Advertised Versus Unexpected Next Purchase Coupons: Consumer Satisfaction, Perceptions of Value, and Fairness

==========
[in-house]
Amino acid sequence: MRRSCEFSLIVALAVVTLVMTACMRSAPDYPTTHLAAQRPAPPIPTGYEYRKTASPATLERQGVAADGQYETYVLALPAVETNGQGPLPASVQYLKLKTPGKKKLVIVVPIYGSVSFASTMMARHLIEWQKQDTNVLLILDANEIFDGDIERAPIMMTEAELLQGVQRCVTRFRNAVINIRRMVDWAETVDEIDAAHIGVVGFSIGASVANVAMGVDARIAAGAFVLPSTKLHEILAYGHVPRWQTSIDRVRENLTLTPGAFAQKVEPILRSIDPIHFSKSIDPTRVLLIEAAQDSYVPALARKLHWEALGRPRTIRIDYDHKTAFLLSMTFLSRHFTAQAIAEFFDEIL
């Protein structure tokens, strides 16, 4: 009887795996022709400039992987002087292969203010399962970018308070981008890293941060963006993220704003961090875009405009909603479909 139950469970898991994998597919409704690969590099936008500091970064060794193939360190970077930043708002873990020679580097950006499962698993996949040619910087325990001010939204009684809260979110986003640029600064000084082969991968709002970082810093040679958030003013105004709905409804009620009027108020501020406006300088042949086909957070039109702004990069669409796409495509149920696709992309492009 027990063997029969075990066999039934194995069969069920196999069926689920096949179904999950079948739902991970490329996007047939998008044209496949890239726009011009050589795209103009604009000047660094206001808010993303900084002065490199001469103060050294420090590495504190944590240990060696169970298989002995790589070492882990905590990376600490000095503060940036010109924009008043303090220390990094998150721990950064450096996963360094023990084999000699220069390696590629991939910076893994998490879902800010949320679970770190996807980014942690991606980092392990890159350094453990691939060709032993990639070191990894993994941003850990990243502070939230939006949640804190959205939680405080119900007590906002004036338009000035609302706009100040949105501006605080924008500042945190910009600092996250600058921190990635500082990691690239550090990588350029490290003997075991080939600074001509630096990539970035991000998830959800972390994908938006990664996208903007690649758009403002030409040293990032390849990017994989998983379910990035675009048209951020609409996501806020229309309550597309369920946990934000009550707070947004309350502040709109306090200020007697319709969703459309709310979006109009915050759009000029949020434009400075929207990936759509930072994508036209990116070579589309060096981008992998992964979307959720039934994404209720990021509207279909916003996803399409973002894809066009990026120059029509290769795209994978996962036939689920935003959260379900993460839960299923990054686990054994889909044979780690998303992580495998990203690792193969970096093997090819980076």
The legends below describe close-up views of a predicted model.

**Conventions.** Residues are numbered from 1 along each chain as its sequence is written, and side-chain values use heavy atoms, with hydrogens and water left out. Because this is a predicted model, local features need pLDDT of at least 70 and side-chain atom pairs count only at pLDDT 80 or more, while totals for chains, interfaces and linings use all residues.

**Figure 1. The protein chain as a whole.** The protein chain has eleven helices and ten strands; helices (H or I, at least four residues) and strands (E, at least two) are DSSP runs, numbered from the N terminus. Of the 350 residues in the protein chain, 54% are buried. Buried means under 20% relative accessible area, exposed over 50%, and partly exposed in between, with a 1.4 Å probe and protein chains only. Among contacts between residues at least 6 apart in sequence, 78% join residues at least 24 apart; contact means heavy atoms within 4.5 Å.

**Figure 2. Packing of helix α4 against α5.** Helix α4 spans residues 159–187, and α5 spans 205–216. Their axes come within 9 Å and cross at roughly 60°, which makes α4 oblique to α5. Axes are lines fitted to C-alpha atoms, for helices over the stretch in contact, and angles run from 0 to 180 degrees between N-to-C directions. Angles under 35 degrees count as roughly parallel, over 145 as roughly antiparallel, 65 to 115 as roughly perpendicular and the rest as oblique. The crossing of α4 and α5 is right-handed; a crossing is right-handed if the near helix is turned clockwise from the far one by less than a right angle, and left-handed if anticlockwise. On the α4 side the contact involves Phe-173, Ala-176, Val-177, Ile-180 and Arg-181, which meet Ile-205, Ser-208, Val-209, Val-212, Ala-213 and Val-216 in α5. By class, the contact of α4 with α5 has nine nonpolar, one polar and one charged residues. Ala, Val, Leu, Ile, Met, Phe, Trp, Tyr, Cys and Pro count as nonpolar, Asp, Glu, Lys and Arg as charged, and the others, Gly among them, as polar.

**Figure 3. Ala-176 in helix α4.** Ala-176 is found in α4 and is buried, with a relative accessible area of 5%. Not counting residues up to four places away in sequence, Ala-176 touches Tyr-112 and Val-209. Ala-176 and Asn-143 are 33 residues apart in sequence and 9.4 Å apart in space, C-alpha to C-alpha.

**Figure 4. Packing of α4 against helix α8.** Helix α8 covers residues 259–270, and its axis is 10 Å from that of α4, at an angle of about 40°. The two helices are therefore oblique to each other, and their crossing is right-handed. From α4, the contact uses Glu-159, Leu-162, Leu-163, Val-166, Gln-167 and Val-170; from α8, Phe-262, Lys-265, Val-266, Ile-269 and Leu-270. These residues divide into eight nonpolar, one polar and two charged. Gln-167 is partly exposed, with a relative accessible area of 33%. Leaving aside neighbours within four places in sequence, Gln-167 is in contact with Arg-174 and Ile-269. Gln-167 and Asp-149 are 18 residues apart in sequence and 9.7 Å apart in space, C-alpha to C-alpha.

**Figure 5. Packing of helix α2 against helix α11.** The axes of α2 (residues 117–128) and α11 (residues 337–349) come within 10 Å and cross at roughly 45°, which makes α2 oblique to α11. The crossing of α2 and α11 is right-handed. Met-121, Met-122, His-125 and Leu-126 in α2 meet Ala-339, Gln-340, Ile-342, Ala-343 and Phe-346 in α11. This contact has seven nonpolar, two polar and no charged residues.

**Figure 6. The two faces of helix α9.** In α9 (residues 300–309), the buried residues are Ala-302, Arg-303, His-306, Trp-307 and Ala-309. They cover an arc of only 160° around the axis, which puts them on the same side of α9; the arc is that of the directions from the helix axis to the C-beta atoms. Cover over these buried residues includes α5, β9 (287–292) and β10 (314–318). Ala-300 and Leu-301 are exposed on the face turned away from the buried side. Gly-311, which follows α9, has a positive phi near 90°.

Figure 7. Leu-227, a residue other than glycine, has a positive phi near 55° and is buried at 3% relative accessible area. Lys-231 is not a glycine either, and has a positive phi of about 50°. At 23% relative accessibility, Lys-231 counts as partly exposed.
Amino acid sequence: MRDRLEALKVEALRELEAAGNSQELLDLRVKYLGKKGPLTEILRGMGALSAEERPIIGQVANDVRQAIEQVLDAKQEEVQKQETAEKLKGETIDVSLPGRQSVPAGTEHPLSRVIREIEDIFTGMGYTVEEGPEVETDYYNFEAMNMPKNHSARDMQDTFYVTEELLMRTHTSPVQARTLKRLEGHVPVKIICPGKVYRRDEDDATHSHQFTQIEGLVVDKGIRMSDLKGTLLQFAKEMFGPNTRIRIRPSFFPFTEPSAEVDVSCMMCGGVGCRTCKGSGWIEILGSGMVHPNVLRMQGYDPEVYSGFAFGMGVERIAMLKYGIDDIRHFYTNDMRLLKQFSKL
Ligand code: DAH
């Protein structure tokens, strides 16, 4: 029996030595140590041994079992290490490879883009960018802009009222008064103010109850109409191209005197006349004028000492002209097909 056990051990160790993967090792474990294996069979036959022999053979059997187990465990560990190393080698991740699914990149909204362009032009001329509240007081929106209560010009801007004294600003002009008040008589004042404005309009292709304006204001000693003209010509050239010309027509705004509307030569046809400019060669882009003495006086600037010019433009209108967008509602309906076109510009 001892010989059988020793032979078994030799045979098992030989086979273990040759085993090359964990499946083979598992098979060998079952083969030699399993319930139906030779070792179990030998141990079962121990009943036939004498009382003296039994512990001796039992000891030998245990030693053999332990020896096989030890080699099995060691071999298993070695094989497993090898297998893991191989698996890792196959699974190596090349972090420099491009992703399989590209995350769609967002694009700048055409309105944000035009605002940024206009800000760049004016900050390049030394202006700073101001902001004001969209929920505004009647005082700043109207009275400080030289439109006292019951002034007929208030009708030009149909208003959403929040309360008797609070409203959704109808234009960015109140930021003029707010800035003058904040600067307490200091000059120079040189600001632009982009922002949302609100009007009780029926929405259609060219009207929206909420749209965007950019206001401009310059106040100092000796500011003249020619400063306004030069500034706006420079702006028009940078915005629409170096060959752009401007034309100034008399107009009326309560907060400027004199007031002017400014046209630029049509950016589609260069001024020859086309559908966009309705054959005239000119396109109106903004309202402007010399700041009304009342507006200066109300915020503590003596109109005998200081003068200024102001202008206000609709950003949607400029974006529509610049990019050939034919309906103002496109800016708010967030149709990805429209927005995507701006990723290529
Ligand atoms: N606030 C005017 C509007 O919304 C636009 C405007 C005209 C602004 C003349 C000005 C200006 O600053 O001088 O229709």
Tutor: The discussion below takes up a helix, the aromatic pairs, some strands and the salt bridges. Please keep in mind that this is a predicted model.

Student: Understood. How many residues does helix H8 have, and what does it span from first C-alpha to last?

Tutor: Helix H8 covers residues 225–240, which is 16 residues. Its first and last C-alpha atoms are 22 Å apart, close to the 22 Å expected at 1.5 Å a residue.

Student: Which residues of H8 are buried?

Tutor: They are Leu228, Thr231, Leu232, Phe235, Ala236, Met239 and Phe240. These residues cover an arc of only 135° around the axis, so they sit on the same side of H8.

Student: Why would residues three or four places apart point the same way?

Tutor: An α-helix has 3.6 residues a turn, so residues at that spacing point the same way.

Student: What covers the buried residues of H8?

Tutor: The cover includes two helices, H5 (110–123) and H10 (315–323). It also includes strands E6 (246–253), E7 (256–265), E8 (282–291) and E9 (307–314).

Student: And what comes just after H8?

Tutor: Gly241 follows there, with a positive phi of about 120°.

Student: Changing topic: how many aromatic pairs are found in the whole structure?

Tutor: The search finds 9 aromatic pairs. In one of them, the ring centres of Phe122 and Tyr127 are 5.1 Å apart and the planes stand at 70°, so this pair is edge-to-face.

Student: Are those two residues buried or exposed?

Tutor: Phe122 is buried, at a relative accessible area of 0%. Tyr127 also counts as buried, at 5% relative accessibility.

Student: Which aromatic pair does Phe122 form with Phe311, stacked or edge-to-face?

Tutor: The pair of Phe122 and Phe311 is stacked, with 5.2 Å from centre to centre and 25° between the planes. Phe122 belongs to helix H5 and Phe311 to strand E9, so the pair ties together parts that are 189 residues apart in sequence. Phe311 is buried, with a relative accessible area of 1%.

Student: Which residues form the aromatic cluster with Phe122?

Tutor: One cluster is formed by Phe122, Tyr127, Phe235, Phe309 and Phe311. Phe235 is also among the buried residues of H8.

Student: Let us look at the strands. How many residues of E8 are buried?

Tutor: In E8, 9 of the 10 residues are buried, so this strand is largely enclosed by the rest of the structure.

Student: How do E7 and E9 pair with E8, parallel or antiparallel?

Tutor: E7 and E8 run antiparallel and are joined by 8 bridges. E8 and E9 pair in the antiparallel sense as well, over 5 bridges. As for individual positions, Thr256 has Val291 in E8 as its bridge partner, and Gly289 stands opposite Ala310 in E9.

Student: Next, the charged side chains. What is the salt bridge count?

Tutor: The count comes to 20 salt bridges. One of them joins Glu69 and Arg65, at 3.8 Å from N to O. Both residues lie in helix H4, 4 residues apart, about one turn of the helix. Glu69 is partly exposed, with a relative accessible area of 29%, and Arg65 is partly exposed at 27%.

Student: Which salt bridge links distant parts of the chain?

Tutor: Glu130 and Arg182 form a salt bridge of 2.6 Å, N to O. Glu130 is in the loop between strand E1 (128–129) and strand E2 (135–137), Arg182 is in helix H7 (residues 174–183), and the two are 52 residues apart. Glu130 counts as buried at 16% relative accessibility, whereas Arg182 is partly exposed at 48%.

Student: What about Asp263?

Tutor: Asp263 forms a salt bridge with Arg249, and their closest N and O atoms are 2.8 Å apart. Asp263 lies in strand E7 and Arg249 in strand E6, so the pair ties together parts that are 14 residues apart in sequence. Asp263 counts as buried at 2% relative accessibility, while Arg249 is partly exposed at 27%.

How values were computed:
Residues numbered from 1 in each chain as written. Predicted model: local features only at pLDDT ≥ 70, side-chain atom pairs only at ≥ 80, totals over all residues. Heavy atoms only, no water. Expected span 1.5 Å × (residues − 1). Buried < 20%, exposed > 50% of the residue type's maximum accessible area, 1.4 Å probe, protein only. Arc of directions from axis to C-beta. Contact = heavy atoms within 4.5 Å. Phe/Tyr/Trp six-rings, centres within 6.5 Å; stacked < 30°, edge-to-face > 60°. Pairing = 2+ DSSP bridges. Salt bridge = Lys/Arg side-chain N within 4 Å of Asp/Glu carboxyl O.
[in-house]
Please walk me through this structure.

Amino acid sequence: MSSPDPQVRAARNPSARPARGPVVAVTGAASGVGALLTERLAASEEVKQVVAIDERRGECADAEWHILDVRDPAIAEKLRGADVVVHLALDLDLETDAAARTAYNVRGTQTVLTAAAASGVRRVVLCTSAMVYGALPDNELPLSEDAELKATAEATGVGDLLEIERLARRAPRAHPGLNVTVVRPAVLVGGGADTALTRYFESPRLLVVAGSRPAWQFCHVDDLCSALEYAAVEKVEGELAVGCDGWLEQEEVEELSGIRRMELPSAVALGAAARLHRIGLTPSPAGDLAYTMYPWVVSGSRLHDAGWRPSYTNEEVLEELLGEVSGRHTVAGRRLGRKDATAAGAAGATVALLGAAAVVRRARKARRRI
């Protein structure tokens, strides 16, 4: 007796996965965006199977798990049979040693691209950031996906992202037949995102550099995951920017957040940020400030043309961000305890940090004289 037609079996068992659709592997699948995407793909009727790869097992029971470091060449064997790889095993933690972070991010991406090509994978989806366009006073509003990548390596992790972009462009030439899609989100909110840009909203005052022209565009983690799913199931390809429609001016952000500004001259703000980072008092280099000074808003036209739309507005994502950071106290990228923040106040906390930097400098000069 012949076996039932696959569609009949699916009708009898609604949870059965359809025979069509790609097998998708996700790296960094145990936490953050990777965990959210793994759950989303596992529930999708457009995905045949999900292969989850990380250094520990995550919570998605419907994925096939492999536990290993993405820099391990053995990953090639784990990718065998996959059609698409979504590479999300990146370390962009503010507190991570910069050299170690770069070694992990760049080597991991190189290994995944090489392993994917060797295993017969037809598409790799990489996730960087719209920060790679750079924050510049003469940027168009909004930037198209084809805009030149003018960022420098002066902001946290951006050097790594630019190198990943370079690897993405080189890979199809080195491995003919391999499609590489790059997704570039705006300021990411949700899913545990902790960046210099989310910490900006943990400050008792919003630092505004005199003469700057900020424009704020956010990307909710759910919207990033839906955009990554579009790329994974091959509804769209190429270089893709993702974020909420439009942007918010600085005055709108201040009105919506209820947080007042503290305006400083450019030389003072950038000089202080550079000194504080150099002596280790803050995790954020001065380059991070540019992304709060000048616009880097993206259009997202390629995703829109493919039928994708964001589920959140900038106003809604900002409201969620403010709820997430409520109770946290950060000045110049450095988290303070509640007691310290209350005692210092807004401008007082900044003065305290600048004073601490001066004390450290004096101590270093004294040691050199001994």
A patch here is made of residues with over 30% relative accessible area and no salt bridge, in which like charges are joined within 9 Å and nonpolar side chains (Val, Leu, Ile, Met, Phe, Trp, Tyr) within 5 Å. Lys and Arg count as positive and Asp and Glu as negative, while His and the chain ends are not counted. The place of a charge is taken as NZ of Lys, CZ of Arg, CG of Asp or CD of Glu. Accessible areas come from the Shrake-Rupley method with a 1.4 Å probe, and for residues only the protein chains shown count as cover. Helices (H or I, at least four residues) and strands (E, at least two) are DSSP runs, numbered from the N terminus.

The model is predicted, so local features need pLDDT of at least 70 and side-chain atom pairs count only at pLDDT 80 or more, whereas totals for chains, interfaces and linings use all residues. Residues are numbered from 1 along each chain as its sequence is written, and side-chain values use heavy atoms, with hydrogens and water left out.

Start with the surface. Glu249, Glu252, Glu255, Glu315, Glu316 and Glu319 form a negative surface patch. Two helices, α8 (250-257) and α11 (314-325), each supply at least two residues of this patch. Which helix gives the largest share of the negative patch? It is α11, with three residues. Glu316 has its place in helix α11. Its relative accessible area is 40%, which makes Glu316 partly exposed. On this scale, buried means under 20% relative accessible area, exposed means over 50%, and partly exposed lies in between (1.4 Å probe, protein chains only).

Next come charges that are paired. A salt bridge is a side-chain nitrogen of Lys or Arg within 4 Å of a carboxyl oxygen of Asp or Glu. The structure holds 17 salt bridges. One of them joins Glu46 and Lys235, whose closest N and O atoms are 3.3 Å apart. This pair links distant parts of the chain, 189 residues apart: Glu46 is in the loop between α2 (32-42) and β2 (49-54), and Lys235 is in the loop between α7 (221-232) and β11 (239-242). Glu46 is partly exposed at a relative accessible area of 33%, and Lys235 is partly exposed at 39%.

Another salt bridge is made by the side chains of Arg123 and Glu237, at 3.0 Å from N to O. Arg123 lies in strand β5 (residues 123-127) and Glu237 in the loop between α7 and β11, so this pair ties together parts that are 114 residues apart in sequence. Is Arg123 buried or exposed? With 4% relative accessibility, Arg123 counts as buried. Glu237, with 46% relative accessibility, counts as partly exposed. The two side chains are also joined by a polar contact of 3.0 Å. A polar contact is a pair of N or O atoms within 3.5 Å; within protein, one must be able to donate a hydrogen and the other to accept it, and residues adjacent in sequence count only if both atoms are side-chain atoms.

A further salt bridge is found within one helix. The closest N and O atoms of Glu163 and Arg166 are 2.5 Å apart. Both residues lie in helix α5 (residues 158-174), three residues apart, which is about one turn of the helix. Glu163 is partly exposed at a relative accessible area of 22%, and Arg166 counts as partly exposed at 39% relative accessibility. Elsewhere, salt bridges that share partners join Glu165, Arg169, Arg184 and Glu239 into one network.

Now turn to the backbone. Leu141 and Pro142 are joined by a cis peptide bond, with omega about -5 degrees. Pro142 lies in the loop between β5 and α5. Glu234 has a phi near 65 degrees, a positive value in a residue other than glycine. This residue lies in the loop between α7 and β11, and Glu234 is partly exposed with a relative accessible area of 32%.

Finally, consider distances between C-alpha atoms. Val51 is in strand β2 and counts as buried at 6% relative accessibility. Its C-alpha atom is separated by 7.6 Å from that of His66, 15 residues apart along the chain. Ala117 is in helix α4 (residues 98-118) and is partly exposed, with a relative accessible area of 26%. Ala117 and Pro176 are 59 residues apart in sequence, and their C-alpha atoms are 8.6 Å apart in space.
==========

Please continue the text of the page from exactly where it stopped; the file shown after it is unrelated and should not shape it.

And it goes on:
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Purpose - This research aims to investigate how consumers differ in their interpretation of advertised and "surprise" (or unexpected) next-purchase coupons as delayed rewards or immediate losses based on promotion context and coupon start date restrictions. Design/methodology/approach - Two laboratory experiments examine how consumers respond to next-purchase coupons. In Study 1, nextpurchase coupon types (advertised; unexpected) vs competing brand promotions (yes; no) vs coupon start date restriction (unrestricted; restricted to future start date) between-subjects experimental design was used to examine the impact on purchase satisfaction, perceived promotion value, and perceived retailer fairness. In Study 2, four between-subjects factors were used to examine the impact on purchase satisfaction, perceived value, and retailer fairness: next-purchase coupon type vs coupon start date restriction vs coupon target restriction (brand-specific; non brand-specific) and the measured need-for-cognition variable (high; low). Findings - Study 1 indicates that unexpected next-purchase coupons lead to higher purchase satisfaction but lower perceptions of retailer fairness compared to advertised coupons. Study 2 indicates that consumer predisposition toward effortful thought (NFC) amplifies the impact of unrestricted start date on perceptions of retailer unfairness. Furthermore, this effect is stronger on purchase satisfaction and perceived value for unrestricted unexpected next-purchase coupons. Research limitations/implications - Results imply that advertised and unexpected next-purchase coupons differ in their impact on post-purchase outcomes of consumers. Differences in competing brand promotions and coupon start date restrictions lead to interpretations of next-purchase coupons as immediate loss vs delayed gains. Practical implications - Managerial implications for the design and use of next-purchase promotions are discussed. Originality/value - This research paper is the first to study how consumers respond to checkout or next-purchase coupons.



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